Michael Deeley was born in London, England, in 1932. His father was an advertising executive while his mother worked for several film production companies.
After serving as a second lieutenant in the British Army stationed on the Malaysian Peninsula, he returned to England and, through his mother’s connections, became an assistant editor for Douglas Fairbanks, Jr.
Deeley produced his first film, a short-reel starring Peter Sellers, in 1956, at the age of 24. He joined MCA Universal in 1958 and headed their television film distribution arm before teaming up with producer Bruce Yorke and Avon Films in 1960.
Avon Films produced four films through 1964 before Deeley left to join the theatre/film producer Oscar Lewenstein’s Woodfall Film Productions. Woodfall had been behind several acclaimed movies, including Tom Jones (1963), winner of the Best Picture Academy Award.
Deeley only spent a year with Woodfall before joining actor Stanley Baker’s Oakhurst Productions. Oakhurst produced four films between 1967 and 1969, but the company was struggling financially by the 1970s and Deeley left to become an independent producer.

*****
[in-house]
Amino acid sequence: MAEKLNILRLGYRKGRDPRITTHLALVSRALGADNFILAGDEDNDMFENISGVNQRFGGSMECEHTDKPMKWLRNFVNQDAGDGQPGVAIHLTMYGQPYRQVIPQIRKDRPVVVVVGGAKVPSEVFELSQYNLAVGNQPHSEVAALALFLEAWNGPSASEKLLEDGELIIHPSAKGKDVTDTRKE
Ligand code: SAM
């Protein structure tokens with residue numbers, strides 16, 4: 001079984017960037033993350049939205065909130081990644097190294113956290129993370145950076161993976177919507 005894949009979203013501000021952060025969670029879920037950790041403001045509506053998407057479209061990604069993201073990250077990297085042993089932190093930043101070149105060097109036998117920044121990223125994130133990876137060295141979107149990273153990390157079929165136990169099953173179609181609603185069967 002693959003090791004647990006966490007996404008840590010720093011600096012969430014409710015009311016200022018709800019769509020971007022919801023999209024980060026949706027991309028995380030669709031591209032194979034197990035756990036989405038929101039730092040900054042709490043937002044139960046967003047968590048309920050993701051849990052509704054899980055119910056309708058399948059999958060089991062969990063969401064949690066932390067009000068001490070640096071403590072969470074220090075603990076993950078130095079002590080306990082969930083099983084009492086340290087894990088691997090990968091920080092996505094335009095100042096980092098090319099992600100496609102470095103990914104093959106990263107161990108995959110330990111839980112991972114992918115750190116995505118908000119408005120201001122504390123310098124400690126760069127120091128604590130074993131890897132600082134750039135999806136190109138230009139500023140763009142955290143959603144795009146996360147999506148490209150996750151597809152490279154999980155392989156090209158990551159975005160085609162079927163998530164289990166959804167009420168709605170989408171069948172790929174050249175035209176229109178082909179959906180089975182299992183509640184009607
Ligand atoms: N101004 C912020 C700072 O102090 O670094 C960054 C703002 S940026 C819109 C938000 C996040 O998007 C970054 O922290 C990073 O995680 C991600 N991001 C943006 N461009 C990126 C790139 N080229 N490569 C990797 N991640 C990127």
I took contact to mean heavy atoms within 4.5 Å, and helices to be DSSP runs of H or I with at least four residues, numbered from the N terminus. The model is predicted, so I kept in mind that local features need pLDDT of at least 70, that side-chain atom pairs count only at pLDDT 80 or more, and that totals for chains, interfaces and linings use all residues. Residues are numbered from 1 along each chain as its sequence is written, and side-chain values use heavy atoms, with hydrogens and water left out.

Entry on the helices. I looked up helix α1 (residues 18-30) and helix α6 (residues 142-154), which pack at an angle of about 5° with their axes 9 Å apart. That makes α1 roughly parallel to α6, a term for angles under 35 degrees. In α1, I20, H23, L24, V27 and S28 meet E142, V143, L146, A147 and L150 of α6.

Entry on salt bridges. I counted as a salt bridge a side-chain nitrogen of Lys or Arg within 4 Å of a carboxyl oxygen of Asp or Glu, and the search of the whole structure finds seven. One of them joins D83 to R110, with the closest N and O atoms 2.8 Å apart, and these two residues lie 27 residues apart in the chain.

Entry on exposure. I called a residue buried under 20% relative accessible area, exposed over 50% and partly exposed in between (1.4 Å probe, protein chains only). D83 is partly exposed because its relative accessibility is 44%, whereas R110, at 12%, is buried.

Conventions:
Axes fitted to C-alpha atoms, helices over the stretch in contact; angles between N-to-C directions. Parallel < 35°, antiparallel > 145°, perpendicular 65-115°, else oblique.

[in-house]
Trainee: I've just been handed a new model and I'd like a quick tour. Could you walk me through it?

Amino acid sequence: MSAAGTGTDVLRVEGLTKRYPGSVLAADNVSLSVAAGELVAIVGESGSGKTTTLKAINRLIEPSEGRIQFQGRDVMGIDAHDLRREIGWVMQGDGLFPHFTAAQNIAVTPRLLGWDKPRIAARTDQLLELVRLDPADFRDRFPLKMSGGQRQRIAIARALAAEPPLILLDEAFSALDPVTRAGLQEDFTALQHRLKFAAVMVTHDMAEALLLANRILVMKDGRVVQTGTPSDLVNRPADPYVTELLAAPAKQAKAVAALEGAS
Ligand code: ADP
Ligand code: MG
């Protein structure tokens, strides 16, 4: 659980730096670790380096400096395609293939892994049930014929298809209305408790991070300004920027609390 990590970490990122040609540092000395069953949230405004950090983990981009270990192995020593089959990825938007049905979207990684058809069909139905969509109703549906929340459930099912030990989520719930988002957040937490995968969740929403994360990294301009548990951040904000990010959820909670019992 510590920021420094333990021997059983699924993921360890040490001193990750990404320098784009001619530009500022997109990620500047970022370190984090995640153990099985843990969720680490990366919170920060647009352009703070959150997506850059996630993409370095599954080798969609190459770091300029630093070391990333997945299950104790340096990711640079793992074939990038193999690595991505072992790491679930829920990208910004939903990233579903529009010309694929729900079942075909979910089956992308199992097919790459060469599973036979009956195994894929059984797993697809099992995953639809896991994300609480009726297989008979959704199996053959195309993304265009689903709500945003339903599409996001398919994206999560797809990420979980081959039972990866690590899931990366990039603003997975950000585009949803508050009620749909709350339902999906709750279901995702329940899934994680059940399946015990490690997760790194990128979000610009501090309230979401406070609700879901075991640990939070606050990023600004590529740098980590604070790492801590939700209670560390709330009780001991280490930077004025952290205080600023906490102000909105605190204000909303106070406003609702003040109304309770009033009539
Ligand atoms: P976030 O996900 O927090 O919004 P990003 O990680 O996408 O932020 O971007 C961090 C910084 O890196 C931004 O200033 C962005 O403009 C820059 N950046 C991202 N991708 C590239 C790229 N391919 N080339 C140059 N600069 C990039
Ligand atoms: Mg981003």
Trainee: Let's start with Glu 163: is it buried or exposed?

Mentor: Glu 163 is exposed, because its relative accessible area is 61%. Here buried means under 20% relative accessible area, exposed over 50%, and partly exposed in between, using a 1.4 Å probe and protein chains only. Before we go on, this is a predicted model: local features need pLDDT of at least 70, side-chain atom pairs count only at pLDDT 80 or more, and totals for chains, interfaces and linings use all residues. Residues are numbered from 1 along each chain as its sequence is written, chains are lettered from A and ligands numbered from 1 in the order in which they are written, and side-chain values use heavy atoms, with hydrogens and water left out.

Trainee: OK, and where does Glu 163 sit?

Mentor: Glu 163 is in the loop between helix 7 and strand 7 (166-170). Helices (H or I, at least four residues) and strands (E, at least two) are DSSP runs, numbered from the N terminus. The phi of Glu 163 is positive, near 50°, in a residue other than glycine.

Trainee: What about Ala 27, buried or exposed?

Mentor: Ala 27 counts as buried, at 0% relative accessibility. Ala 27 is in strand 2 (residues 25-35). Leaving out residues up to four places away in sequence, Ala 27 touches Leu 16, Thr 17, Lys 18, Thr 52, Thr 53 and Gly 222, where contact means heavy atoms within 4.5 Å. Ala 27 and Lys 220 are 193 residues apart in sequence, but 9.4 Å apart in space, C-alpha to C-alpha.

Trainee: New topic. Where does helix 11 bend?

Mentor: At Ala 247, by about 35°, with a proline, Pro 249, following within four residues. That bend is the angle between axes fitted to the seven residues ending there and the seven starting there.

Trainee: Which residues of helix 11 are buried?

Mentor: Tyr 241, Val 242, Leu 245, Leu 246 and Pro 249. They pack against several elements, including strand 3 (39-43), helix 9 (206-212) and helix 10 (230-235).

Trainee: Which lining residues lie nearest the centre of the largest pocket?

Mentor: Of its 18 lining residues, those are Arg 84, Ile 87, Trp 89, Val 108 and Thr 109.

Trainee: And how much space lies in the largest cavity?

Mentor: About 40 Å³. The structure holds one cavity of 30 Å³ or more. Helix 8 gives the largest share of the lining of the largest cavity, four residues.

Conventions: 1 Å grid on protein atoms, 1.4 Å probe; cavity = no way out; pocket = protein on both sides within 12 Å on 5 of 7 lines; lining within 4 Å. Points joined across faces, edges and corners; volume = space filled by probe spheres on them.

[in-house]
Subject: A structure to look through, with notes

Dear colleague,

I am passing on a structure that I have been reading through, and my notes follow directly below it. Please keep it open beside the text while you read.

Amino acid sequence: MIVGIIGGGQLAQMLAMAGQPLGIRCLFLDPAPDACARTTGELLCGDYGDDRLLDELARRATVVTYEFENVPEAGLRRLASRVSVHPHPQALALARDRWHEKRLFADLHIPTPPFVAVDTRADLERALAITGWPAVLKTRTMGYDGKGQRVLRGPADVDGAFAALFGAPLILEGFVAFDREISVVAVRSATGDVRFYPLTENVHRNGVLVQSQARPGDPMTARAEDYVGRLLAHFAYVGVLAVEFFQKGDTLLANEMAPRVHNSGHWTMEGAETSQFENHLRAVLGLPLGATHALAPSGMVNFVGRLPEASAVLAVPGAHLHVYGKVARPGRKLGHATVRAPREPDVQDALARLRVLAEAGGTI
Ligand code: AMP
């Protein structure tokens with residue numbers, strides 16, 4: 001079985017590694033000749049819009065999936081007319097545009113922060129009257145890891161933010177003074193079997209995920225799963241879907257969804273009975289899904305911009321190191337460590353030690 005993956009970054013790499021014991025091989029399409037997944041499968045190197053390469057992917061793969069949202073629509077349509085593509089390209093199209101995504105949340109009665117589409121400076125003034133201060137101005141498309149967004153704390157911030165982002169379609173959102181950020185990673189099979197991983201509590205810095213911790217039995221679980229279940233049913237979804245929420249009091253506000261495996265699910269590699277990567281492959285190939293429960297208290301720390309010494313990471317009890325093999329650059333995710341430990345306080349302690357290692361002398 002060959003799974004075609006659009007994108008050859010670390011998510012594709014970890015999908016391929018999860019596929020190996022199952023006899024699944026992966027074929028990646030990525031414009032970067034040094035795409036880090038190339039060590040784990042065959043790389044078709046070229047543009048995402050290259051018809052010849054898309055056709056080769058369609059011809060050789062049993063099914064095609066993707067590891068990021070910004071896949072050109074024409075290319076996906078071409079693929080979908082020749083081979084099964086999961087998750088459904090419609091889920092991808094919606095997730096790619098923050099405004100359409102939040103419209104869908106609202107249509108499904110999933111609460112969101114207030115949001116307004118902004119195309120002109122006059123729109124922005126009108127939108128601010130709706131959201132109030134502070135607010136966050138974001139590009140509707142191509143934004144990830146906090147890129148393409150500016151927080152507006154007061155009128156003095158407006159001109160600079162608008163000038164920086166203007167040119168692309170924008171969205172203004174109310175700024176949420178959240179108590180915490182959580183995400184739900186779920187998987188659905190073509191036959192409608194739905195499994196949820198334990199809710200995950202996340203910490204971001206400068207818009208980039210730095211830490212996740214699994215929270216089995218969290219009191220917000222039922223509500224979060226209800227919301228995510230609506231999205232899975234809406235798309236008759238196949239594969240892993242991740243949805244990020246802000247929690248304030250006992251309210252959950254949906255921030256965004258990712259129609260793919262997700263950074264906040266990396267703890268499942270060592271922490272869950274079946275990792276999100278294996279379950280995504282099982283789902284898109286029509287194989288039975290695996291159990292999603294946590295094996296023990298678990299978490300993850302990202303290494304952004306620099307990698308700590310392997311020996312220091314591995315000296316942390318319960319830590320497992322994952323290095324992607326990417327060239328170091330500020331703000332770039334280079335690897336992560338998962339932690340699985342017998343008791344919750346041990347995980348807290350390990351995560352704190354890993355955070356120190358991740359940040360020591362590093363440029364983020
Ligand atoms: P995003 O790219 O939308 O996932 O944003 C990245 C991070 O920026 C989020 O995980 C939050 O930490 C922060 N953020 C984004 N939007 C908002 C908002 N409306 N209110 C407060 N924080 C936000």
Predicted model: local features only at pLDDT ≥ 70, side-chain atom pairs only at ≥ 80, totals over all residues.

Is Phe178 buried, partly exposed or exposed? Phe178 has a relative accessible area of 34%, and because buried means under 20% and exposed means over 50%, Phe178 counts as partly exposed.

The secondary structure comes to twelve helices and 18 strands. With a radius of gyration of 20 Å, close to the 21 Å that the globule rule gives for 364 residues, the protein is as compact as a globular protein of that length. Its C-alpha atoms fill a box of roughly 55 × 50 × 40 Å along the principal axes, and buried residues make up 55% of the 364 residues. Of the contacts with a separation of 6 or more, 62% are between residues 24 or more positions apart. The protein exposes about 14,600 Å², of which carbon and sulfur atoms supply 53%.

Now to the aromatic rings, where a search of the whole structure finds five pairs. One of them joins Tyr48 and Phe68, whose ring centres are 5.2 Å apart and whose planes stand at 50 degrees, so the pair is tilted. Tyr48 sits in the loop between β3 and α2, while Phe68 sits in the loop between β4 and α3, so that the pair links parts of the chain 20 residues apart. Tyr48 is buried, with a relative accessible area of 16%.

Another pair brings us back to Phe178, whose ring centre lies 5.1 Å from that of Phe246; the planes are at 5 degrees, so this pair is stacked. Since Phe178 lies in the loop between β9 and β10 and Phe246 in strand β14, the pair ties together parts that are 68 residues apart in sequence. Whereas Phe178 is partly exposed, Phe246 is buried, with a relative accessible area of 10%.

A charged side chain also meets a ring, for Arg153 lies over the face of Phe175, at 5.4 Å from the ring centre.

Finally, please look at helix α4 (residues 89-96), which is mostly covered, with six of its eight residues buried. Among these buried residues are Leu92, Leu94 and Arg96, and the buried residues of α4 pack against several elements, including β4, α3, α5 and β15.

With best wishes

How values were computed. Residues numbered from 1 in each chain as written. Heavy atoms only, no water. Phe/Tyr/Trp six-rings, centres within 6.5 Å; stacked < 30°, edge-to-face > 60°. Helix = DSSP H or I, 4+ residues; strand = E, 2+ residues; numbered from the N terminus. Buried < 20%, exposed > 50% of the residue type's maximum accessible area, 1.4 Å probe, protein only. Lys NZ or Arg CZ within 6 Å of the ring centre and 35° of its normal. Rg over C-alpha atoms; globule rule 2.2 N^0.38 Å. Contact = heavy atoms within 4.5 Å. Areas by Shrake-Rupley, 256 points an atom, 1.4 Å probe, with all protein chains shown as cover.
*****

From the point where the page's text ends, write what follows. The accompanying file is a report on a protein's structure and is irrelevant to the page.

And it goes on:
He returned when another venture of Baker’s purchased the movie distributor British Lion Films in 1973 and Deeley was asked to head the new acquisition. He brought in Barry Spikings and the two soon merged British Lion with EMI Films in 1976. The pair produced four movies together, including the Academy Award for Best Picture winner The Deer Hunter (1978).
Deeley left in 1979 to become one of the producers of the sci-fi classic Blade Runner (1982).
Between 1985 and 1990, he was Head of Production for television movie producer Consolidated Entertainment.